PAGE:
Monday, 23 August 2010

My Mersea Week IV - Shanty Night

To celebrate the spirit of Mersea Week, the Coast Inn Acoustic Session held a special nautically themed night on Thursday 12th August.

We advertised it as 'Shanty Night' - and traditional seafaring tunes certainly played a large part in the evening's musicmaking - but all kinds of songs inspired by the sea (some with a fairly tenuous link) appeared - from The Drunken Sailor (twice!), to Row Your Boat (played by IM on the piano - the evening's youngest performer and witness to my lax parenting standards), to Yellow Submarine (at which point, as if from nowhere, a fantastic visiting trumpeter appeared at the window and inserted the solo twiddly bits with considerable panache, which brought the house down).

A couple of hours before kick-off, we made the executive decision NOT to hold the event outdoors - despite the gorgeous late sunshine and a holding-off of the forecast rain, there was a stiff breeze blowing straight into the garden of the Coast Inn, which would have dispersed the sound and made conditions too chilly for drinkers. So we held it in the bar as usual, which made for a packed-out night, but it all added to the atmosphere. A record number of musicians and singers turned up, plus all the regular punters and plenty of visitors (including lovely fellow-Mersea Blogger Teresa, aka Tarviragus, although unfortunately the occasion did not lend itself to much in the way of quiet chatting).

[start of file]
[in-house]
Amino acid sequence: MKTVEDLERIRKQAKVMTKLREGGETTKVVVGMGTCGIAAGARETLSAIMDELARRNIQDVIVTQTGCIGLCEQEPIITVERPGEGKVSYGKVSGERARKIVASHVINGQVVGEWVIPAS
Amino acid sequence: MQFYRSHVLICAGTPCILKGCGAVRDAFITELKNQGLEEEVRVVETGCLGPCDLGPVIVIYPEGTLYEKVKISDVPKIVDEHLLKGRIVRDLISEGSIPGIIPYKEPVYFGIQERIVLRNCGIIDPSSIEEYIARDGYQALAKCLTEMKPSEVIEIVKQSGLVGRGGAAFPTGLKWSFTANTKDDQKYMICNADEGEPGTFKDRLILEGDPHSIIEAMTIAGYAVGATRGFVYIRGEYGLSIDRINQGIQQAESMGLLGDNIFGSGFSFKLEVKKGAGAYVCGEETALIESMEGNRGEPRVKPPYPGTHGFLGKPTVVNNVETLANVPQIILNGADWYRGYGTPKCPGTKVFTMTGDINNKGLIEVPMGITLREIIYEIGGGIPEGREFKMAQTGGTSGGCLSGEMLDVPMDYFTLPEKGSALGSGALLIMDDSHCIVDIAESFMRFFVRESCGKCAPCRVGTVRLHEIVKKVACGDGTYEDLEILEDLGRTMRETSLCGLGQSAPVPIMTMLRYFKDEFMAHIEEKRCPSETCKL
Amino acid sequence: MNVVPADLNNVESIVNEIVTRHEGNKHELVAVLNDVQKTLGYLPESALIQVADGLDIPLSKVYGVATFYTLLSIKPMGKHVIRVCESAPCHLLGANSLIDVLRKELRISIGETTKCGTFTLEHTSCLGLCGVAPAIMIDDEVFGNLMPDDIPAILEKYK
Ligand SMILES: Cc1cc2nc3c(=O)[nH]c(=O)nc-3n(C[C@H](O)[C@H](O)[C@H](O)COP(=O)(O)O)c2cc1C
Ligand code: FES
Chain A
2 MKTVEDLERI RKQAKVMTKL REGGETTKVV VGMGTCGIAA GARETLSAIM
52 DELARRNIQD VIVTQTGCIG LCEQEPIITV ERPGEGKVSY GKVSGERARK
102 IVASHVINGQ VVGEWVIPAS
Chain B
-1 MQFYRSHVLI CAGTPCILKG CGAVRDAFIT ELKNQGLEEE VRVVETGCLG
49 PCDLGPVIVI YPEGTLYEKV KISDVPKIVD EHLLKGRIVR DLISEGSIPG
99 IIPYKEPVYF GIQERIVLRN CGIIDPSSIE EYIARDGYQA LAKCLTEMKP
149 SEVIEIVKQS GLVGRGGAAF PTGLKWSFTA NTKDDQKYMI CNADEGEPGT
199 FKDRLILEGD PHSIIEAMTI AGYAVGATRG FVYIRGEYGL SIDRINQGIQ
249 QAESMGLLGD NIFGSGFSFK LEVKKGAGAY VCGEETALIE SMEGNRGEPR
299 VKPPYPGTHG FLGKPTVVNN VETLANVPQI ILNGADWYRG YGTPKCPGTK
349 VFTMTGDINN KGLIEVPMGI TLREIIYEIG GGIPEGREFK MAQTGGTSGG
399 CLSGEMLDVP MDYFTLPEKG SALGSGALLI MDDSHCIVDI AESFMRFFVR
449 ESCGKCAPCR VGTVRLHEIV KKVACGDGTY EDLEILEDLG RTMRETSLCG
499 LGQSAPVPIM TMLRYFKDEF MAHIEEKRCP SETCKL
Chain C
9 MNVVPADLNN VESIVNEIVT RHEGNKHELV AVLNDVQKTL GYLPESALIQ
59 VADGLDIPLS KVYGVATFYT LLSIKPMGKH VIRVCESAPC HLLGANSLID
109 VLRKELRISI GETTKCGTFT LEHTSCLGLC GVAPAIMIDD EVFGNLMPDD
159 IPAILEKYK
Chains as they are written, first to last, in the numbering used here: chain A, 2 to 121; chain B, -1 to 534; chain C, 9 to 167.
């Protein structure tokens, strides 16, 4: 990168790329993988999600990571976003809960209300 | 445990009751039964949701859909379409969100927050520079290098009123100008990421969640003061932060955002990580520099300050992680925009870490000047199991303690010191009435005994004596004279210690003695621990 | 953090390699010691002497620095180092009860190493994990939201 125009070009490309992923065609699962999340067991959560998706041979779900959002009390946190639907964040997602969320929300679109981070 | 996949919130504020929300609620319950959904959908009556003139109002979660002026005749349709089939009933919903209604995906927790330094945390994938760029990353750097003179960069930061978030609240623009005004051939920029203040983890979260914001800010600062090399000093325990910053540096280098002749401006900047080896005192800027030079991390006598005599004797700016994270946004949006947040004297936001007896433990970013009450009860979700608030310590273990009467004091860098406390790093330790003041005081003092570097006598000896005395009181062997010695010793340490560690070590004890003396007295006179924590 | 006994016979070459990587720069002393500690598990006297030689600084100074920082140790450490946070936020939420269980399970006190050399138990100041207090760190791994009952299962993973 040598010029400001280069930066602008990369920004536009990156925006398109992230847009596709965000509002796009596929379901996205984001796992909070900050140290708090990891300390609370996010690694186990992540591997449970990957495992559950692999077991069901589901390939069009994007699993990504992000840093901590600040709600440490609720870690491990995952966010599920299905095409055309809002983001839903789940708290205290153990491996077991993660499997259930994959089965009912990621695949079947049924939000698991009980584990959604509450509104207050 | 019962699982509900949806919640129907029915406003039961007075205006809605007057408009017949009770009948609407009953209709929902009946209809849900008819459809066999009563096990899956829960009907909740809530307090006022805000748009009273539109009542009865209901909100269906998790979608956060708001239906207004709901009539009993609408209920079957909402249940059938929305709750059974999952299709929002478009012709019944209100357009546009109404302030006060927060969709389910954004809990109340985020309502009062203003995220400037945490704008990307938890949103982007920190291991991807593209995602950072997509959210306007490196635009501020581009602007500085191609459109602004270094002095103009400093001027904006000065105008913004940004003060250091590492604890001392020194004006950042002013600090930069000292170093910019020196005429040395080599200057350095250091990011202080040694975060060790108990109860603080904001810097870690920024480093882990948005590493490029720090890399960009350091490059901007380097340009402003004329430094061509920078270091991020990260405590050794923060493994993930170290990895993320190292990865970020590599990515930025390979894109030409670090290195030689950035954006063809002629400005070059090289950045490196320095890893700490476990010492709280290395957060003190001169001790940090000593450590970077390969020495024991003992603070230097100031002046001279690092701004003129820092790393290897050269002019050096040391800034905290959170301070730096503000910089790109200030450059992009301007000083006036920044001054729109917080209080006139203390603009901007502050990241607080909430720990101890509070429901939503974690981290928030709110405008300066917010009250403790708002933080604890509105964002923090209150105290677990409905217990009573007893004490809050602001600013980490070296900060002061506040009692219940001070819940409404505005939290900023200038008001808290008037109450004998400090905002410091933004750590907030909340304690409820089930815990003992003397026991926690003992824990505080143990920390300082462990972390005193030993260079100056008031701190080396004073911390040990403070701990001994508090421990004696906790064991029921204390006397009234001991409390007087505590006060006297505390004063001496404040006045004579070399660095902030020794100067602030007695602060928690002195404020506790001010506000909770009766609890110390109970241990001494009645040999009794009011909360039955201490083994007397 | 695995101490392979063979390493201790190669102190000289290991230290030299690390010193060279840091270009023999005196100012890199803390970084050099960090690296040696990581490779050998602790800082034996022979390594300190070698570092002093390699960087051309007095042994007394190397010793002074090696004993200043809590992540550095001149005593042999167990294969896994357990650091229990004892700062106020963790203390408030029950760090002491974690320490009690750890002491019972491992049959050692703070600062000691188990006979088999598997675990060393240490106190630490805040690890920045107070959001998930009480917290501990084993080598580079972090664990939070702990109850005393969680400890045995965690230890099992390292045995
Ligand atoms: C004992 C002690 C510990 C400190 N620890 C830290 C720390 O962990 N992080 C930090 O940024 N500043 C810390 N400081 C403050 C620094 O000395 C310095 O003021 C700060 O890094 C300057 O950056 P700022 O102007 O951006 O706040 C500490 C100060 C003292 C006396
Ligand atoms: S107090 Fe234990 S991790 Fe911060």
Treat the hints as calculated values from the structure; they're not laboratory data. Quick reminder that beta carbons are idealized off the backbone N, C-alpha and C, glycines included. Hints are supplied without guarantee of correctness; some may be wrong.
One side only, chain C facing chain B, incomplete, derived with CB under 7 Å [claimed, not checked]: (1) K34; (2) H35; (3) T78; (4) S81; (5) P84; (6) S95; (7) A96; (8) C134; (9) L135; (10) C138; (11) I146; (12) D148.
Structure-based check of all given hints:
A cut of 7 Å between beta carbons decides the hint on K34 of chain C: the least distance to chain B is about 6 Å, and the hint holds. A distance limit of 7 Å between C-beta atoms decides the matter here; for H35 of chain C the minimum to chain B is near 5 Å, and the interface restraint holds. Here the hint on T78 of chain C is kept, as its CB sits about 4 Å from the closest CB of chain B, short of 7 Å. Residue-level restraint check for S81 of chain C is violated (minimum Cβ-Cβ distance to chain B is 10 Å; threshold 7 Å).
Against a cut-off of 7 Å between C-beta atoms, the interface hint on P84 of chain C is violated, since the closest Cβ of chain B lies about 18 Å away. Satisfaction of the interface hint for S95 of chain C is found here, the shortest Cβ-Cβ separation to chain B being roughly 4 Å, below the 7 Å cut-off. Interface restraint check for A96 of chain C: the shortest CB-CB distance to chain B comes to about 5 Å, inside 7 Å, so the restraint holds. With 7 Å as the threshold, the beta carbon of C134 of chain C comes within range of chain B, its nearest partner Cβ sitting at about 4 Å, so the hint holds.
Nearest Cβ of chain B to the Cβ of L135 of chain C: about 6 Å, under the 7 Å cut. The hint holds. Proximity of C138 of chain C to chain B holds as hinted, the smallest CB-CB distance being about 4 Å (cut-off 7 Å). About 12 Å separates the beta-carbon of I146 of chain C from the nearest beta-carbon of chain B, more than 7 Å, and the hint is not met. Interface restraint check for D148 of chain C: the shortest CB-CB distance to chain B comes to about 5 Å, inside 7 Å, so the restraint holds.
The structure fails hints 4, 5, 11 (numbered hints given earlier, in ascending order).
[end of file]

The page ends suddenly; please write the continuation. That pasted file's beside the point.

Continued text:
Next morning, the general consensus on the island was that Shanty Night had been a Jolly Good Thing, which should certainly be repeated next year. So perhaps we've started a grand new tradition for Mersea Week - it would be rather nice to think so.

Here are a few grainy pics (I don't like using flash - it's too distracting for performers): lots more can be found on the Mersea Session Website. As explained there, the bar was so crowded that I ended up trapped, standing on a table, by the fireplace, camera in one hand, tambourine in the other, glass of Guinness balanced precariously above me - hence the unvarying viewpoint of these photos.

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